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Newspaper publishers want control over iPad subscriptions

Times Co. expects revenue decline on print ad slide
New York (AFP) Sept 22, 2010 - The New York Times Co. said Wednesday it expects revenue to fall up to three percent in the current quarter as print advertising revenue continues to slide. Updating its third-quarter outlook, the Times Co., which owns The Boston Globe and International Herald Tribune in addition to the flagship New York Times, said total revenue is expected to fall by two percent to three percent in the July-September quarter. The Times Co. said print advertising revenue is expected to decline five percent in the quarter compared with a year ago while digital advertising revenue rises by 14 percent. Circulation revenue is expected to decline by around five percent while operating costs increase by one percent to two percent, the Times Co. said.

Times Co. shares were down 6.02 percent at 7.49 dollars in early afternoon trading in New York. Times Co. president and chief executive Janet Robinson, speaking at the Goldman Sachs Communacopia XIX Conference here, noted that a five percent decline in print advertising revenue was a "very slight improvement" from last quarter, when print advertising revenue fell by six percent. "So from a standpoint of advertising we are seeing continued positive factors," she said. "I think there is an opportunity for us to see print return to growth, an overall growth factor," Robinson told financial analysts. Robinson also said The New York Times has not seen any impact on advertising from the recent launch by The Wall Street Journal of a New York edition.

"We haven't seen any impact from any of the activities of The Wall Street Journal," she said. "The Times has many competitors, it has for a number of years. We feel that our proposition to the advertiser is strong." Robinson also said the print edition of The New York Times would be around for years to come. "It's very clear that our print business is a very, very profitable business and we will be printing The New York Times for many, many, many years to come," she said. "The loyalty that we see in regards to the print product is really quite extraordinary." Robinson said preparations were continuing to begin charging readers for full access to the newspaper on the Web, a move which the Times Co. expects to implement early next year. "It's extremely important for us to get this right," she said. "That's why we've taken our time doing it." Martin Nisenholtz, the Times senior vice president for digital operations, told the analysts that advertising demand for The New York Times free iPad news application has been "unbelievable."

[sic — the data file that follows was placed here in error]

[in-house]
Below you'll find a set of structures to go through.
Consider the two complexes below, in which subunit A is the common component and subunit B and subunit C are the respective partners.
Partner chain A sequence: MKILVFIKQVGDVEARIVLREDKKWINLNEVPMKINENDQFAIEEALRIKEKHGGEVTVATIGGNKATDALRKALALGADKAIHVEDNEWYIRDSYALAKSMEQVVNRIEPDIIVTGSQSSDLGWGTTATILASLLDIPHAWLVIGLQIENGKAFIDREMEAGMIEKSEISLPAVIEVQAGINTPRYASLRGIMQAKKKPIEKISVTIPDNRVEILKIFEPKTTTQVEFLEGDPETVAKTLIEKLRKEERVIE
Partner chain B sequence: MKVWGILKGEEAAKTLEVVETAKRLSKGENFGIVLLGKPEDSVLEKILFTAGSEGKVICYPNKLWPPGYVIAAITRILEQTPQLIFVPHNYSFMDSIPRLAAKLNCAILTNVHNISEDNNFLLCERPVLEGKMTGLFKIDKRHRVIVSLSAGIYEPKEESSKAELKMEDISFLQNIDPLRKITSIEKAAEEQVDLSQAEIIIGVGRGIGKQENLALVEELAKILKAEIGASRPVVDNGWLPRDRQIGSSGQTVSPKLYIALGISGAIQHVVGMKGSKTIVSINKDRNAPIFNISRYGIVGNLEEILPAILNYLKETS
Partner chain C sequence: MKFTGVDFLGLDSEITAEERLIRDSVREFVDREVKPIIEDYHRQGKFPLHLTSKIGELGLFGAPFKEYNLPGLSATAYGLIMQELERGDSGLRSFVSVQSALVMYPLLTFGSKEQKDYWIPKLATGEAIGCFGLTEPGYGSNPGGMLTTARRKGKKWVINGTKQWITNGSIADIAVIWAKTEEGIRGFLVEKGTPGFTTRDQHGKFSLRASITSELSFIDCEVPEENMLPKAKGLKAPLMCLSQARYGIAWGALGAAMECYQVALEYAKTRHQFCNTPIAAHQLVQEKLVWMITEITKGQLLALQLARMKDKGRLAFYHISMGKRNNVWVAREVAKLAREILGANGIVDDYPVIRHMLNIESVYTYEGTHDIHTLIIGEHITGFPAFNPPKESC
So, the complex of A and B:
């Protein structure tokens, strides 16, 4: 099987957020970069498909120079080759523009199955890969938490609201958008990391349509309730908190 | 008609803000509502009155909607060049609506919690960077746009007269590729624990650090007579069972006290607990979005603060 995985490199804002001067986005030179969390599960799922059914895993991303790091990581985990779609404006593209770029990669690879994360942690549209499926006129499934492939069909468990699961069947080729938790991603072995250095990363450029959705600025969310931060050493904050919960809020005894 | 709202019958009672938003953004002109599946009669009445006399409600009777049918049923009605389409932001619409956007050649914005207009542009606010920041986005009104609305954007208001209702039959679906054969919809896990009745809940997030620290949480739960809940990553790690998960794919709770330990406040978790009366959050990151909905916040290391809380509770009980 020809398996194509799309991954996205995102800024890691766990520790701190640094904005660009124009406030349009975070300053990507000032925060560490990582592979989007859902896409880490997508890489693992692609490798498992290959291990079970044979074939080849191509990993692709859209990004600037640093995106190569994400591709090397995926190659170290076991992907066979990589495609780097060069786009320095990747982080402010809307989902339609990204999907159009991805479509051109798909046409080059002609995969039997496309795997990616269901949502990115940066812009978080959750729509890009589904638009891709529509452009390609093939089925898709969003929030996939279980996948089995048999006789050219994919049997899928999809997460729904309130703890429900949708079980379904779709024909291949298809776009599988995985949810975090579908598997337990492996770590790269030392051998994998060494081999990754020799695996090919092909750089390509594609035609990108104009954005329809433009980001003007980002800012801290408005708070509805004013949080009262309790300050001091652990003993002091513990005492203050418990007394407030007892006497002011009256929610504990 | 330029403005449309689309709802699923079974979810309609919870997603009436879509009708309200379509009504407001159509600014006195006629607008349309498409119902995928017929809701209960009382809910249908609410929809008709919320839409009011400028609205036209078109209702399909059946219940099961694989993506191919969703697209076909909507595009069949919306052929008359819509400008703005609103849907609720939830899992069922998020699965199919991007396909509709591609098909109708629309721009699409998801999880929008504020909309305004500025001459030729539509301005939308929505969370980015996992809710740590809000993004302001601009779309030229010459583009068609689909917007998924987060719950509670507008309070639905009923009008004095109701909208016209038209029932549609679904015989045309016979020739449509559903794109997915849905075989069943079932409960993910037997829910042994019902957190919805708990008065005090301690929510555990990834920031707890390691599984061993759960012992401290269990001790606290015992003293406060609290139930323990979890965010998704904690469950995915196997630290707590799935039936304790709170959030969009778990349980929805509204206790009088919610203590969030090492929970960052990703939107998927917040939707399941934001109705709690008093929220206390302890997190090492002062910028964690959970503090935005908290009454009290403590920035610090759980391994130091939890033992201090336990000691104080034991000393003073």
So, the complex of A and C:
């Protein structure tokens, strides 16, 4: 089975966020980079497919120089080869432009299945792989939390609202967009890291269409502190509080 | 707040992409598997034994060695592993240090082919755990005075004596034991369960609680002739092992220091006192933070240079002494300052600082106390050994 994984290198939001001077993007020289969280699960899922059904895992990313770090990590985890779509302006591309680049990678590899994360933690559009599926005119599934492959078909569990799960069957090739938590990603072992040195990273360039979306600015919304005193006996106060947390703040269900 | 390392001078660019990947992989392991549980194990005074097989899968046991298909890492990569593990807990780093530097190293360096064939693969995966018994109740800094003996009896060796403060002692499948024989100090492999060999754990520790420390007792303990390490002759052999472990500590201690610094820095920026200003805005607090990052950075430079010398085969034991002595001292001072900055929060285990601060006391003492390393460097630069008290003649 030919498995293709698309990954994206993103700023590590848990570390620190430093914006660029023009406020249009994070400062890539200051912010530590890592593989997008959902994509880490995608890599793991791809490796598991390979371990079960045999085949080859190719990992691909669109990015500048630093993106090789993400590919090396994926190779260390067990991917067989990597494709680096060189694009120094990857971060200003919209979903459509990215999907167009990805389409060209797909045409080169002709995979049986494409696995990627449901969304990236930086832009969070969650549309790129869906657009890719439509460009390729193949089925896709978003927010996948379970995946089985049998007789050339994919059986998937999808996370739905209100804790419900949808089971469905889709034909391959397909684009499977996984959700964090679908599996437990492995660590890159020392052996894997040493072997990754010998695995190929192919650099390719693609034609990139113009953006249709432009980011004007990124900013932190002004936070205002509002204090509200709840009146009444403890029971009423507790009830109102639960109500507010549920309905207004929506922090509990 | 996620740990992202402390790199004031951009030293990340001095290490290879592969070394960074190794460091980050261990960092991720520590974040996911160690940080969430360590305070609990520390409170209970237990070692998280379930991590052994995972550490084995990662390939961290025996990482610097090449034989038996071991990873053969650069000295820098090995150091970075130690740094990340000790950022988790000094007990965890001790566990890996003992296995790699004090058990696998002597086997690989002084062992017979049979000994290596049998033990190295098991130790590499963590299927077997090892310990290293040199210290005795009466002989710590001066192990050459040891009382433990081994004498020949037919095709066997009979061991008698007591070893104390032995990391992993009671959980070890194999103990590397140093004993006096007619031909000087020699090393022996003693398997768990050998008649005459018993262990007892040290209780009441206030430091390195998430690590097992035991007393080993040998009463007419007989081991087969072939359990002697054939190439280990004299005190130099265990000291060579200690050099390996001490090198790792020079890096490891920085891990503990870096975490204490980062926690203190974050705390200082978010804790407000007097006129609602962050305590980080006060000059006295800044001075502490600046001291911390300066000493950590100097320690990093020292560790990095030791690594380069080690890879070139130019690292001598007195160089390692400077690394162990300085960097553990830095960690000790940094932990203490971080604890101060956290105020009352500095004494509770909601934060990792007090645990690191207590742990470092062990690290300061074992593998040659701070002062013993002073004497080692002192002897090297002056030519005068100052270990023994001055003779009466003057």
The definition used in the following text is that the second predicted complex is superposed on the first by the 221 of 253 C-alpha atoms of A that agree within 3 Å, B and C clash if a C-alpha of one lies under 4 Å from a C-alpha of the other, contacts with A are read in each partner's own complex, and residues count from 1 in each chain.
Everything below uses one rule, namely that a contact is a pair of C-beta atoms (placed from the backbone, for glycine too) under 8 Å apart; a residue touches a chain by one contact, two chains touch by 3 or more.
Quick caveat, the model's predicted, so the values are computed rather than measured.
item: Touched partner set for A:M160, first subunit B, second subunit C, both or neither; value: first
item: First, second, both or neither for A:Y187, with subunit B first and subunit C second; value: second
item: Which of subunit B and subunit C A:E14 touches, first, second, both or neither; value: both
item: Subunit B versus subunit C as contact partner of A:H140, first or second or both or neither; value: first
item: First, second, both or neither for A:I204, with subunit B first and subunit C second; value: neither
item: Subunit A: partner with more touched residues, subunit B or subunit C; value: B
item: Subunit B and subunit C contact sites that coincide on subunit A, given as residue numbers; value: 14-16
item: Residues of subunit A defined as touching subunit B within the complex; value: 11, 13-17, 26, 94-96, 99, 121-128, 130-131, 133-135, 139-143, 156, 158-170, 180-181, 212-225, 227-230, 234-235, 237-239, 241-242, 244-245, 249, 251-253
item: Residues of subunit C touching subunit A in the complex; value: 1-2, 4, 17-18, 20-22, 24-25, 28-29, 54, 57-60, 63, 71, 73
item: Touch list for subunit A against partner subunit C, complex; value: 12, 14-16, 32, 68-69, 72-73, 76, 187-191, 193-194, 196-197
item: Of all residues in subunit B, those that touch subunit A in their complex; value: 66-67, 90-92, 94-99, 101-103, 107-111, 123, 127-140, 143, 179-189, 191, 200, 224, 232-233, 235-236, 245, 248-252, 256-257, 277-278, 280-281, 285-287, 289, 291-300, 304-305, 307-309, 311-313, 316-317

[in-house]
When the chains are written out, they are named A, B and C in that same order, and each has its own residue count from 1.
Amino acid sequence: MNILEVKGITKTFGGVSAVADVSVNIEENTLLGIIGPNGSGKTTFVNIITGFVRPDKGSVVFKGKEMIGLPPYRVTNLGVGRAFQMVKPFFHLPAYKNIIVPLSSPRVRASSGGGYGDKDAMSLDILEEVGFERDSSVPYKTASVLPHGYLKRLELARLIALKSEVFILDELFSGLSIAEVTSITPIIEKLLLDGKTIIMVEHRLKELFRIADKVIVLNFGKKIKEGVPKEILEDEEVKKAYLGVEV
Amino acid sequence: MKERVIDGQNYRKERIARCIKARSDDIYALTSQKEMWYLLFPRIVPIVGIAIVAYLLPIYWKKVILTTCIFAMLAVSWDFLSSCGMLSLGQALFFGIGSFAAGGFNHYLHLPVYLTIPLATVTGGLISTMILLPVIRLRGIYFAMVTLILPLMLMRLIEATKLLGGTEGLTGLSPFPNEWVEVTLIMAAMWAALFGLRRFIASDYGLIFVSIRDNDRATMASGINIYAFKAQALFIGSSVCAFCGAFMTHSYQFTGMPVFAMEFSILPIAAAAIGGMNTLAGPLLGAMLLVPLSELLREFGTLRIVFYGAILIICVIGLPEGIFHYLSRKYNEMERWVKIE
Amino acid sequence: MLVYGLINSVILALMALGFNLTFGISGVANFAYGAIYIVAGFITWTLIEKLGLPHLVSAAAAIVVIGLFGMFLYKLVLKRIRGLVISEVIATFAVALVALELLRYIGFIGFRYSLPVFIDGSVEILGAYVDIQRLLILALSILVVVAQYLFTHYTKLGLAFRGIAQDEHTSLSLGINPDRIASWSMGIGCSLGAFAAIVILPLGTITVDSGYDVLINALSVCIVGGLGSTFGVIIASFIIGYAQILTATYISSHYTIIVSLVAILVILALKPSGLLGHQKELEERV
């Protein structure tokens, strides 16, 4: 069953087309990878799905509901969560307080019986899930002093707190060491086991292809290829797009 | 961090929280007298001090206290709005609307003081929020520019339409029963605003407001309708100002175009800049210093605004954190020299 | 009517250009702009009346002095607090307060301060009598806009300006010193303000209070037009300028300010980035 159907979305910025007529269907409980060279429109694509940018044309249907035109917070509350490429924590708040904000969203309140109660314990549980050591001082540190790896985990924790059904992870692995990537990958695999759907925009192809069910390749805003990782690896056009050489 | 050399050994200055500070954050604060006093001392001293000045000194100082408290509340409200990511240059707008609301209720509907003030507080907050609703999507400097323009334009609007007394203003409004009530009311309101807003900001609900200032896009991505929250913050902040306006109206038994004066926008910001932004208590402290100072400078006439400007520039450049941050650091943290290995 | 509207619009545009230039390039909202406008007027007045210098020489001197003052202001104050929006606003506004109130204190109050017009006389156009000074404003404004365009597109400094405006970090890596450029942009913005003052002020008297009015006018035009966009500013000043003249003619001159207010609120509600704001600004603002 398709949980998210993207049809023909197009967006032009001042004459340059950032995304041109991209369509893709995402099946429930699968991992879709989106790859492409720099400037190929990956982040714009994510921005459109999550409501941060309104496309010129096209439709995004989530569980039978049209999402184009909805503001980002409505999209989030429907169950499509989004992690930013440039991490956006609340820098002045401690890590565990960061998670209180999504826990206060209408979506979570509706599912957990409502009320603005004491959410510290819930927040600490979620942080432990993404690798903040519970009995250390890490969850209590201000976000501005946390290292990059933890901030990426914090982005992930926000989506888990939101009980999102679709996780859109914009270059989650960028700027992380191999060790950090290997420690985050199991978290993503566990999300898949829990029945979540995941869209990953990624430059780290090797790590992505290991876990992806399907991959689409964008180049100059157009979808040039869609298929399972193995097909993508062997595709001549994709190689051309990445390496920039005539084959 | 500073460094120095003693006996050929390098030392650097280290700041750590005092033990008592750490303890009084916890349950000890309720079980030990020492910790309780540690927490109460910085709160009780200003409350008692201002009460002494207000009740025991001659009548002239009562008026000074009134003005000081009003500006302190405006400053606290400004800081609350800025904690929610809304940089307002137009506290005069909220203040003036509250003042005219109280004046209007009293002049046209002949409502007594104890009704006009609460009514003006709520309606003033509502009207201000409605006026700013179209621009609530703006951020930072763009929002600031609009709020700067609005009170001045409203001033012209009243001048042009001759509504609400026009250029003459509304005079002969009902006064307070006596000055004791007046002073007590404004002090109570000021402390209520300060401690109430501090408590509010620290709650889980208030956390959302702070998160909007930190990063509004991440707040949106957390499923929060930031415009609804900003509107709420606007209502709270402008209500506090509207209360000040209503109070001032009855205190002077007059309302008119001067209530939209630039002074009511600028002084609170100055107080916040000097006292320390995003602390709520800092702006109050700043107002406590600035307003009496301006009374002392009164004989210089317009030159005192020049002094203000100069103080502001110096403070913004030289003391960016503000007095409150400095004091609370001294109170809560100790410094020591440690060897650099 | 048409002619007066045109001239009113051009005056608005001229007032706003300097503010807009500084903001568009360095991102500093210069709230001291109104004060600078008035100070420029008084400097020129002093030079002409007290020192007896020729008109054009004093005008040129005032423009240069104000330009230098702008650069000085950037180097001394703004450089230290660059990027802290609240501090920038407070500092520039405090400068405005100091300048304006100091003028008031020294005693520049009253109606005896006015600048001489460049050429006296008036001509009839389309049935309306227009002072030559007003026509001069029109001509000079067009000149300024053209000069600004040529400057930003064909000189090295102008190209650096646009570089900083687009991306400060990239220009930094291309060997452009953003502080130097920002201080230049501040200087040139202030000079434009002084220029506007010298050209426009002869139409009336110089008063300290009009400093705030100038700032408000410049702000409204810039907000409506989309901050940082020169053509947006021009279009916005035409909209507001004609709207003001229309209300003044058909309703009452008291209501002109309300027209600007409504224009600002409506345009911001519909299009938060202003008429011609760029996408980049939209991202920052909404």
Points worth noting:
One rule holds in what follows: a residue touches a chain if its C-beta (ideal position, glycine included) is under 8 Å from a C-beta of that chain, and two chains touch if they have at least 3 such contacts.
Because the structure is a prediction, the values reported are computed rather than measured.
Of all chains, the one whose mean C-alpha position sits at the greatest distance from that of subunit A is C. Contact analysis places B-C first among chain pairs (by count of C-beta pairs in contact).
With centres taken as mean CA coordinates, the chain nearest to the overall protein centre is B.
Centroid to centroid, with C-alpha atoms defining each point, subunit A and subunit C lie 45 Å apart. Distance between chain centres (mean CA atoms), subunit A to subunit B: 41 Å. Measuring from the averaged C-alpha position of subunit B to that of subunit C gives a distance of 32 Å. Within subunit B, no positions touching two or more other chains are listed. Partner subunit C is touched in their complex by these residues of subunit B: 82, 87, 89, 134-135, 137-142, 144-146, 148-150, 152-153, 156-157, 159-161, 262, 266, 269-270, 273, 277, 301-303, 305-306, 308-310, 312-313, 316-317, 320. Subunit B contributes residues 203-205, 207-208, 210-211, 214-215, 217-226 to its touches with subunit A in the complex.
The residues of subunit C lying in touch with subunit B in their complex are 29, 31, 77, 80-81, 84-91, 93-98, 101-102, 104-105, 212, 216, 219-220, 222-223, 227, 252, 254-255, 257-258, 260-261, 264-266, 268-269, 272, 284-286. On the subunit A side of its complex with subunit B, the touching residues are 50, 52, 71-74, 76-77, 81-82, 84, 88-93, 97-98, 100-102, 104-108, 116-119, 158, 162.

by Staff Writers
Chicago (AFP) Sept 22, 2010
Newspaper publishers must control subscription services offered on the iPad and other digital devices, top industry executives said Wednesday.

Apple is reportedly accelerating efforts to launch a newspaper subscription service, which could theoretically help newspapers stem massive losses incurred from years of declining print sales and relatively thin online ad revenue.